After Village crews got the power back on downtown Wednesday afternoon, Tom’s opened its doors about 4 p.m. And business at the Sunrise stayed lively.

“We had a lot of people sitting down for a meal,” said manager Delamatre. “And a lot of orders for coffee to go.”

Friends come through

The Bryan family’s response to the ice storm — spending time together telling stories and recording strange sounds — is an example of the “fractured time” aspect of weather emergencies and natural disasters, according to Brooke Bryan. While her family could spend each evening together, they usually do not, instead engaged in individual activities.

“People tend to come together more,” she said of fractured time. “They have more conversations.”

Many villagers, some of whom had the day off from work due to the weather, found themselves coming together on Wednesday, finding warmth in the homes of neighbors and friends.

In Park Meadows, some in the condominium development had lost power and some had not, according to Paulette Olson, who said she and several other residents without power were served lunch in the home of a neighbor with heat, while another brought soup. Still another who had a wood stove offered shelter to anyone who needed it, and several went door to door checking on residents.

“Everyone here takes care of everyone else,” Olson said. “In an informal way, we made sure everyone was okay.”

The lack of heat sparked conversations at the home of Doug and Christine Roberts, who have an upstairs renter. While doors between the two homes are usually closed, with the power out, the Roberts fired up their wood stove and opened the doors, heating not only their space but their upstairs neighbor’s as well.

“The doors were opened,” Christine Roberts said. “We had more communication than usual.”

In the Kurt/Livermore Street neighborhood, Laura Ellison and her family went door to door to check on neighbors, and if no one was home, she left a note in the mailbox with information about what businesses were open and where to go to get warm. While she may have taken such action anyway, Ellison was acting as a neighborhood representative, a new volunteer position sponsored by the Village Human Relations Commission.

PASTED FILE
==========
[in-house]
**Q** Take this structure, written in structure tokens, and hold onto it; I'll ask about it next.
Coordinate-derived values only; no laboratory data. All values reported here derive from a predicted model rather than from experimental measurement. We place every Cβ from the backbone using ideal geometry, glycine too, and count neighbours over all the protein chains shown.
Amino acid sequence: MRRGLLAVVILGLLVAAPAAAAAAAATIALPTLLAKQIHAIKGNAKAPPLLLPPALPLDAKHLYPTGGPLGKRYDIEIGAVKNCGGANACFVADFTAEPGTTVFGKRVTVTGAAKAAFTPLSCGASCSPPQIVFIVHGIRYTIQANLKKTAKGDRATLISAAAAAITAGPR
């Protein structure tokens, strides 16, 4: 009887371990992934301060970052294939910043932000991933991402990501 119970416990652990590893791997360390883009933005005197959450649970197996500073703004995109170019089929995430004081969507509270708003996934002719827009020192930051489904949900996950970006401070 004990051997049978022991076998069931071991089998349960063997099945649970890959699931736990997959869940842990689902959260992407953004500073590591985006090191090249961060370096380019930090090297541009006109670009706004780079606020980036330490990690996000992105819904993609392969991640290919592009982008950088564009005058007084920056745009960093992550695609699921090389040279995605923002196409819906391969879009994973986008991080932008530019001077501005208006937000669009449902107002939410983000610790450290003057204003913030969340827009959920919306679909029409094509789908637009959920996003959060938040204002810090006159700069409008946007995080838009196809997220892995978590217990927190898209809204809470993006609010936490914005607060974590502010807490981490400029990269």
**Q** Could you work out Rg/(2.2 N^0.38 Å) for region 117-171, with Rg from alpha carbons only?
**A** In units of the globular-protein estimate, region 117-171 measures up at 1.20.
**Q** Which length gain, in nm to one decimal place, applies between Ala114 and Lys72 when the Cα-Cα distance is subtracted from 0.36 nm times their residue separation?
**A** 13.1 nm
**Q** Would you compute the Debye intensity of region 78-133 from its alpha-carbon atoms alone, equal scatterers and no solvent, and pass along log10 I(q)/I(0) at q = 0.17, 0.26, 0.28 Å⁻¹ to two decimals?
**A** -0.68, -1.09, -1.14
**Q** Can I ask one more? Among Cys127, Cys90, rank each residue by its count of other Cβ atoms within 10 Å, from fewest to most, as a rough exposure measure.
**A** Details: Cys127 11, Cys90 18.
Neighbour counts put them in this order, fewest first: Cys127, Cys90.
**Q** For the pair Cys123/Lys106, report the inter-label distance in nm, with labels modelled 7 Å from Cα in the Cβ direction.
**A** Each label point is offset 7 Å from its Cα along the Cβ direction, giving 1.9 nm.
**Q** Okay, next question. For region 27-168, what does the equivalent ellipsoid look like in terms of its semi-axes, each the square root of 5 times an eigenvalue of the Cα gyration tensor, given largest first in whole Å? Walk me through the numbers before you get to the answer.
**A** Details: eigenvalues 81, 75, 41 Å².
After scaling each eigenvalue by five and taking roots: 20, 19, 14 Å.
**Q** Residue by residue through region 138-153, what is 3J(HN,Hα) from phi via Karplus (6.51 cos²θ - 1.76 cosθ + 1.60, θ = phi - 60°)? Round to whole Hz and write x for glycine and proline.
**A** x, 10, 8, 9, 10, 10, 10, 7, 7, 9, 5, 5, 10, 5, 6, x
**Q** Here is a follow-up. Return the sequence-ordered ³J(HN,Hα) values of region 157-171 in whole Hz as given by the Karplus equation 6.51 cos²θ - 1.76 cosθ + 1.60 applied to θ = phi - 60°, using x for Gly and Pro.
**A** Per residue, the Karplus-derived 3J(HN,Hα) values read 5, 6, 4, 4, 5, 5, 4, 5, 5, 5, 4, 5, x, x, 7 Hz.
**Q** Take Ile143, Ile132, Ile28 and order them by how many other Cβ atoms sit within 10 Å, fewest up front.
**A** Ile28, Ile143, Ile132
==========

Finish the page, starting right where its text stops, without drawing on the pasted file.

“I love neighbors,” Ellison said last week. “You end up living closer in proximity to your neighbors than your family, and things happen in life. It’s important to look beyond differences, because those differences aren’t as important as being kind.”

Ellison was just one of several who checked on her neighbors, according to Joan Chappelle of the HRC. While the immediate focus of the HRC-sponsored block parties of the past two years was an event to bring people together, the organization also sought someone in each neighborhood to check on others in the event of emergencies. Nineteen village neighborhoods had block parties last year, and almost that number now have neighborhood representatives.

“It used to be like this years ago, neighbors checked on each other,” Chappelle said. “HRC has a commitment to bring that back.”

The Village of Yellow Springs staff also played an important role in providing safety and comfort during the emergency, offering the Bryan Center as a shelter to anyone who needed it. On Wednesday, about 100 villagers took them up on the offer, stopping in to charge cell phones, use the microwave or just hang out, according to Village employee Tina Fox. The gym was left unlocked that night in case anyone needed a warm place to stay, Fox said, but there was no evidence that anyone did so.

The Village used its Code Red emergency phone system twice during the ice storm, first on Wednesday evening to invite those still without power to come to the Bryan Center and the next day to give an update on the outage.

Along with clearing debris from roads, the police checked on several older people in town, according to Caroline Mullins of the Home Assistance Program, which has as clients many older villagers who live alone. All were okay, according to Mullins, who said some had children who took them to a warm place, and some were cared for by others. In Lawson Place, where many older or disabled villagers live, “a lot of people took care of each other,” she said.

Still, according to Mullins, the ice storm was “one more reminder that all of us in this community need to be prepared.” That preparation means keeping cell phones charged and flashlight batteries working, she said, along with asking someone to check on you if you live alone and the power goes out.

“Find a contact person,” Mullins said. “Everyone should have someone.”